A lack of ‘sustainability thinking’ is evident at the heart of many of the problems that football faces today; from the huge amounts of money that clubs seem compelled to spend on what are often short-term gains – and the speculation, debt and market-centred ideology that goes with it – to the not unrelated deep disenchantment experienced by many football fans for a game that they still, despite it all, remain determined to love.
Sustainability here is more broadly conceptualised than focusing on environmental issues. It encompasses social and economic sustainability, albeit with a critical eye on the interdependent, often contradictory, relationship between what the United Nations regards as the three ‘pillars’ of sustainability (environmental, social and economic).
Fittingly, this book is the result of an international collaboration between an interdisciplinary network of academics and football industry practitioners, brought together by the Centre for the Study of Football and its Communities (CSFC), based at Manchester Metropolitan University, UK. The critical insights collected here focus not just on football’s problems, but also how clubs, authorities, players and fans in a range of local contexts are positively tackling the challenges of surviving and thriving in the contemporary global game.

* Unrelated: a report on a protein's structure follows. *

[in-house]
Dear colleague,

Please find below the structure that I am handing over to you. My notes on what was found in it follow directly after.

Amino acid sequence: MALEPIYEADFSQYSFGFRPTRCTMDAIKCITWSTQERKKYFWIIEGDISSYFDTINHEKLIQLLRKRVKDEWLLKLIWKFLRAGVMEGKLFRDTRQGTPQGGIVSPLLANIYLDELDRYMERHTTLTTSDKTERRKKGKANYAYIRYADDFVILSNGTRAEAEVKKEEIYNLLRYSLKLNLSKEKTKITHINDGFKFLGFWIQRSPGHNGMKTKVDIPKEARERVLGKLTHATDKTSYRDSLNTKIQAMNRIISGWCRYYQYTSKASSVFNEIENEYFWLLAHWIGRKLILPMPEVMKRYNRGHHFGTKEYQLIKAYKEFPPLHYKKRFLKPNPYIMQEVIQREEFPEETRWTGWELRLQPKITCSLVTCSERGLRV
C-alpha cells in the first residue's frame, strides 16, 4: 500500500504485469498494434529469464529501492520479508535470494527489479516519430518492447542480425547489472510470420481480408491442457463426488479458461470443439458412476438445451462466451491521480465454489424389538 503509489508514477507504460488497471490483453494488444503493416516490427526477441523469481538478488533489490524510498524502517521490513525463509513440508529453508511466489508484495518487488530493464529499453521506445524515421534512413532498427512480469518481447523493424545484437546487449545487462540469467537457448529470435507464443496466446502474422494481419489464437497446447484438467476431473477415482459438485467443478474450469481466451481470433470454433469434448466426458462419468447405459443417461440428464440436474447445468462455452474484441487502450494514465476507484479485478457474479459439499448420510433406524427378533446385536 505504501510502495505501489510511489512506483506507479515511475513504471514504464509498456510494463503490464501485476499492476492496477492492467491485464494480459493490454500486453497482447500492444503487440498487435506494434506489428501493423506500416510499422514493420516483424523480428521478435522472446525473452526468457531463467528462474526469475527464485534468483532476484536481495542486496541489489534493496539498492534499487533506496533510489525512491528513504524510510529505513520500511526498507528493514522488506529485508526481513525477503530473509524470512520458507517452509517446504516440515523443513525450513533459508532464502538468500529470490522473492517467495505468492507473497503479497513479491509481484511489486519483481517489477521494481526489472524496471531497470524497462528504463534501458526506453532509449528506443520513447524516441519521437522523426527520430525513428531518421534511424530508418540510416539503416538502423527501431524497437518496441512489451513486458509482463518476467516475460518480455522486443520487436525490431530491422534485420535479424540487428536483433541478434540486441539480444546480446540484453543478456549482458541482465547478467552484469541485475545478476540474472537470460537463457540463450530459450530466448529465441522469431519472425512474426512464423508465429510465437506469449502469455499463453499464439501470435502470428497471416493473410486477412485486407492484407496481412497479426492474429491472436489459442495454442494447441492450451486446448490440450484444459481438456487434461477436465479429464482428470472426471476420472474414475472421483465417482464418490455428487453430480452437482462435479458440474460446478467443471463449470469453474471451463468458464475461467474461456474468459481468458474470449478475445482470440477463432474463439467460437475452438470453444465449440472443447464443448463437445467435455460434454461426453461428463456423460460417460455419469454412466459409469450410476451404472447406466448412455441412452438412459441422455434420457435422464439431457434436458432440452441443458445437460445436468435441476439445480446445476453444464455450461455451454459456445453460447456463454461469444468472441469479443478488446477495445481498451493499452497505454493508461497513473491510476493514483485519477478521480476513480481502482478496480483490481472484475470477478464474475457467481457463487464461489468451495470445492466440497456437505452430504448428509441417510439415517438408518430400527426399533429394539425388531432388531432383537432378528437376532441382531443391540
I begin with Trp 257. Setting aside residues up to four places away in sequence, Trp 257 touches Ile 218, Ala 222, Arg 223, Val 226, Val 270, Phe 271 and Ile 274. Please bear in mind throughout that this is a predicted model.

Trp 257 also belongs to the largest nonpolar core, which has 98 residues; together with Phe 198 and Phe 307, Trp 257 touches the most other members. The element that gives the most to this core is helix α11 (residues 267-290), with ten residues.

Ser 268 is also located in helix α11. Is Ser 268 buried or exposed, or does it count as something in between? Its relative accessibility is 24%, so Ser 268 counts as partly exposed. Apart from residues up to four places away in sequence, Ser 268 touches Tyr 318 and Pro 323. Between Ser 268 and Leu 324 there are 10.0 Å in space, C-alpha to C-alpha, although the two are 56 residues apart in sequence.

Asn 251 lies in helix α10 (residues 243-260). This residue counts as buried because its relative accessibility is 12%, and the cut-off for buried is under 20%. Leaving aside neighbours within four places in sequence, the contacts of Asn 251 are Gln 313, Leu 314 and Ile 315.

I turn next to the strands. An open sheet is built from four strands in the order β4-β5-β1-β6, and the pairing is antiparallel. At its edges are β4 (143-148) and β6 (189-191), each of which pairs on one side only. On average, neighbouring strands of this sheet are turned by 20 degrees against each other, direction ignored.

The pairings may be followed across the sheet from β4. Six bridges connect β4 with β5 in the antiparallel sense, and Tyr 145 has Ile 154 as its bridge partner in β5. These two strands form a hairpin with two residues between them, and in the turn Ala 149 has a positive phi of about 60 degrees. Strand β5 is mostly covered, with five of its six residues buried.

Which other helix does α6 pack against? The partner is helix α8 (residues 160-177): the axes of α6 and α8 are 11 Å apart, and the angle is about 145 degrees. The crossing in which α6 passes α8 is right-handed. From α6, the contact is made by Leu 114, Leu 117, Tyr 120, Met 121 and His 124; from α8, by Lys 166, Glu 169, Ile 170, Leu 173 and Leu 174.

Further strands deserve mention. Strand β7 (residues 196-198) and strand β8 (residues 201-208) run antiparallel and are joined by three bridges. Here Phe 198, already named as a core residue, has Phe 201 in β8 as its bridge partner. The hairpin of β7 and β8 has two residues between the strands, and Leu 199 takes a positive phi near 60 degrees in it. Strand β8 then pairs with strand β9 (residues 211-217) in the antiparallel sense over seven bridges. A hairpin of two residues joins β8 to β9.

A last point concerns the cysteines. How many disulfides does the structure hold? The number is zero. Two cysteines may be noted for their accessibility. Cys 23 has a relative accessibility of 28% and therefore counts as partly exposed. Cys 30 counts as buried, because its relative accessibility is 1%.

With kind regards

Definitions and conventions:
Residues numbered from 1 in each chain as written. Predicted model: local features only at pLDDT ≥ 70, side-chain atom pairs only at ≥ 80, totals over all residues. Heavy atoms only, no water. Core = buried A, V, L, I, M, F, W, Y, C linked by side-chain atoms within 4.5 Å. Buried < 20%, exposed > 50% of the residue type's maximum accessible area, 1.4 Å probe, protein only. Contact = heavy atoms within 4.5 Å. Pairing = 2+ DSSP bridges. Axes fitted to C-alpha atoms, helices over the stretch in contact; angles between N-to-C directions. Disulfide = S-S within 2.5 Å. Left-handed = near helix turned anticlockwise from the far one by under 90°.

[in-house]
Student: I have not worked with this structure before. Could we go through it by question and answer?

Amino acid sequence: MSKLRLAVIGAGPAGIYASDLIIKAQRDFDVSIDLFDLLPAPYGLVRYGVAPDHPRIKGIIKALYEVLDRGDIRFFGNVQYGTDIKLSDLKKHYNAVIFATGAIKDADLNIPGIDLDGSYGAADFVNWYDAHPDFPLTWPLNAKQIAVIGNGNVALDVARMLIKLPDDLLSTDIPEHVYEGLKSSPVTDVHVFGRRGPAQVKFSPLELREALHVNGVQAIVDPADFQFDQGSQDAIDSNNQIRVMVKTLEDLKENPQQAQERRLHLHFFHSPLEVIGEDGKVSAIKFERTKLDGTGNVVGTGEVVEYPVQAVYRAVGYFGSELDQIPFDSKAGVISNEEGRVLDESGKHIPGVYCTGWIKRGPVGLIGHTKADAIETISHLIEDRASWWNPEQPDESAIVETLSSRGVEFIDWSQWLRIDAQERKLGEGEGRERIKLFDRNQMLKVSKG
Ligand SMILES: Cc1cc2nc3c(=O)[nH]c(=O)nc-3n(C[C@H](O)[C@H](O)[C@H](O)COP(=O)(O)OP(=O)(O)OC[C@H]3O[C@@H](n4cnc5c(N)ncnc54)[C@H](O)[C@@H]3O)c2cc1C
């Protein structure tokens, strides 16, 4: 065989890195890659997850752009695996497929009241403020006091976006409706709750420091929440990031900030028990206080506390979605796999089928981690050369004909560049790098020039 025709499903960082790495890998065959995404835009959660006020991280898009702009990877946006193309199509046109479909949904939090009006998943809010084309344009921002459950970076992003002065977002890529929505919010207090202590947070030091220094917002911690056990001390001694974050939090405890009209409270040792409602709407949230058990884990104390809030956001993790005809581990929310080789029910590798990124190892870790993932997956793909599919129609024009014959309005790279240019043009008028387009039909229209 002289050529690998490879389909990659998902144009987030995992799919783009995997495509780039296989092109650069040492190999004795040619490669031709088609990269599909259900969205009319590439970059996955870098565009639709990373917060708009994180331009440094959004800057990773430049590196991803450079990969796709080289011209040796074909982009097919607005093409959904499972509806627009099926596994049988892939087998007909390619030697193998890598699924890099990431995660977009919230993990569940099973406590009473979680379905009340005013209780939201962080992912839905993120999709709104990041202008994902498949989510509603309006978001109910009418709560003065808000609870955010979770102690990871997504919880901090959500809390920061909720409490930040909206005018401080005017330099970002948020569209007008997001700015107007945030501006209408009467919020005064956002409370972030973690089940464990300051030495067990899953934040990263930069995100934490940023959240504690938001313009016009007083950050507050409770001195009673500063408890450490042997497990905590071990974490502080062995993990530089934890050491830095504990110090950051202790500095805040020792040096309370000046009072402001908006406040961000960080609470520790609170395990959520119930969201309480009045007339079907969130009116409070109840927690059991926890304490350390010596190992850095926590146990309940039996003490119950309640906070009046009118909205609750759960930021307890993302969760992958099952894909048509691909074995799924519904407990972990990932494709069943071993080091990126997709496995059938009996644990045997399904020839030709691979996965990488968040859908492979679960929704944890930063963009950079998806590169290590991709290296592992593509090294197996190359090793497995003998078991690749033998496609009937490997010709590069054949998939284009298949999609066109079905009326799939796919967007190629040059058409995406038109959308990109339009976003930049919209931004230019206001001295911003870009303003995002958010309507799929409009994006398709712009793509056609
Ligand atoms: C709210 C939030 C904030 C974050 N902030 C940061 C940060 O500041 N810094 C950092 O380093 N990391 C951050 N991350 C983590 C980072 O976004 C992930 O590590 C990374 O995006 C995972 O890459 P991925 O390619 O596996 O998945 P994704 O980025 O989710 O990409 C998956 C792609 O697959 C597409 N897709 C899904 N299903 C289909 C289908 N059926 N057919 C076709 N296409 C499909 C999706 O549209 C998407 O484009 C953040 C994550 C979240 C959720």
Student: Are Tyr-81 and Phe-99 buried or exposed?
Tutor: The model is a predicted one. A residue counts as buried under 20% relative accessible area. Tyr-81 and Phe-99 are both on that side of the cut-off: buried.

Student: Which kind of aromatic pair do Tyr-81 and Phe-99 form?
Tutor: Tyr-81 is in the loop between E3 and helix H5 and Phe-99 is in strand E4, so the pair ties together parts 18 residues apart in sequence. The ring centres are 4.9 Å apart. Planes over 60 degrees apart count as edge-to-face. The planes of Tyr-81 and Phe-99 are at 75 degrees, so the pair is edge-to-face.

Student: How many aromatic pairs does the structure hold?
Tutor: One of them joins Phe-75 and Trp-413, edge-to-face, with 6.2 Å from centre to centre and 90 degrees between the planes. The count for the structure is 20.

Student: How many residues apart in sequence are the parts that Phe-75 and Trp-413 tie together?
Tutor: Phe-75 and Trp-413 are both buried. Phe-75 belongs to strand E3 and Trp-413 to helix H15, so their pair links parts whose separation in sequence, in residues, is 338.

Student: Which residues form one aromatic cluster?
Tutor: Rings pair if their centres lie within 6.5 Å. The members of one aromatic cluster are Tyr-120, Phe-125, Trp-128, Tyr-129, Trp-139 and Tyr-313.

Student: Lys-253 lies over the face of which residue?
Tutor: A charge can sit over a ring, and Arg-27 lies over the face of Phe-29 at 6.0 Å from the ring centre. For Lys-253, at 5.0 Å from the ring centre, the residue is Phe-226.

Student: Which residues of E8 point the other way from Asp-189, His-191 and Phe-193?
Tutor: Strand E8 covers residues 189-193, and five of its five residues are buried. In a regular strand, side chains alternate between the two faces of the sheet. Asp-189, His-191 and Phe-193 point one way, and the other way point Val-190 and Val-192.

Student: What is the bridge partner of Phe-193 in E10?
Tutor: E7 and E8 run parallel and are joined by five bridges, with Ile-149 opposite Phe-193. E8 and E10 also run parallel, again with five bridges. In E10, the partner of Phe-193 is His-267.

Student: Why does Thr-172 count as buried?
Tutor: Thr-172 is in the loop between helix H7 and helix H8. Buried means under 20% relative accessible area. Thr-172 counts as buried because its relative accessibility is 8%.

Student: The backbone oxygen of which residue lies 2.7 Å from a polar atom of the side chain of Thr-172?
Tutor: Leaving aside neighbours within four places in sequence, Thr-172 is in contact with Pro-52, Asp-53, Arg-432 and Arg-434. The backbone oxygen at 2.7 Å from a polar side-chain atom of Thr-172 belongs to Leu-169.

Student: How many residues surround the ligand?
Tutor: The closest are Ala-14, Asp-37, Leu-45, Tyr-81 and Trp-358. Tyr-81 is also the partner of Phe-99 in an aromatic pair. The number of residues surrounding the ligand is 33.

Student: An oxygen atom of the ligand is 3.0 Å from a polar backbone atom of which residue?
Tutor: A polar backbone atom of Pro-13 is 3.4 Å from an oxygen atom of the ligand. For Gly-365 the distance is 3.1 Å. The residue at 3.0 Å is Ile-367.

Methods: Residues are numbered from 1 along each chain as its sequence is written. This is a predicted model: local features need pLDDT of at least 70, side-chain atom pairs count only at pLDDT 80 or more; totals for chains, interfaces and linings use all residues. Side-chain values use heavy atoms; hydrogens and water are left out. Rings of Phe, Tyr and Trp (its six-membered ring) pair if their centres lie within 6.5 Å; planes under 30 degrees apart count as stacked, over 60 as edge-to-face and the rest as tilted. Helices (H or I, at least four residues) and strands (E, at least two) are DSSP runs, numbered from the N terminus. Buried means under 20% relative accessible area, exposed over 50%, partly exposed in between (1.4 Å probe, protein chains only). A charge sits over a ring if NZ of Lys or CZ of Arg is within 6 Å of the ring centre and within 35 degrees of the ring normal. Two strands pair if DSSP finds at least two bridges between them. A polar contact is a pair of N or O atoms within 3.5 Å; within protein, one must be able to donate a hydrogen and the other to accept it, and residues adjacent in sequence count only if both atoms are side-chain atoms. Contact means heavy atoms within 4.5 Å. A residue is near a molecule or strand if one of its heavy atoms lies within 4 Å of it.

This book was originally published as a special issue of Sport & Society.
Table of Contents
Introduction: ‘Thinking long and wide’: which communities have a future within the global game?
Chris Porter, Anthony May and Annabel Kiernan
1. One rule for one: the impact of Champions League prize money and Financial Fair Play at the bottom of the European club game
2. Chao Amigos! Hello Thailand: football, migration and sustainability in Thailand
Carolina Brill and Chuenchanok Nin Siriwat
3. Football clubs as symbols of regional identities
4. Football and community empowerment: how FC Sankt Pauli fans organize to influence
5. Easton Cowboys and Cowgirls: anatomy of an alternative sports club
6. Ten years of Supporters Trust ownership at Exeter City AFC: an overview
7. Fighting strategic homophobia in football
8. Sustaining health improvement activities delivered in English professional football clubs using evaluation: a short communication
Andy Pringle, Daniel Parnell, Zoe Rutherford, Jim McKenna, Stephen Zwolinsky and Jackie Hargreaves
9. Football and its communities: the celebration of Manchester United FC’s Ability Suite
Juan Luis Paramio-Salcines, Phil Downs and John Grady
Chris Porter is based at the Centre for the Study of Football and its Communities, Manchester Metropolitan University, UK. His research explores the links between football fans, class-consciousness, neoliberal ideology and globalisation.
Anthony May is based at the School of Marketing and Management, Coventry University, UK. His research explores the relationship of sport with a range of social and political issues, including austerity, sustainability, political campaigning, as well as with other forms of culture.
Annabel Kiernan is based at the Centre for the Study of Football and its Communities, Manchester Metropolitan University, UK. Her research interests cover public sector reform and the role of football in local service delivery and community identity.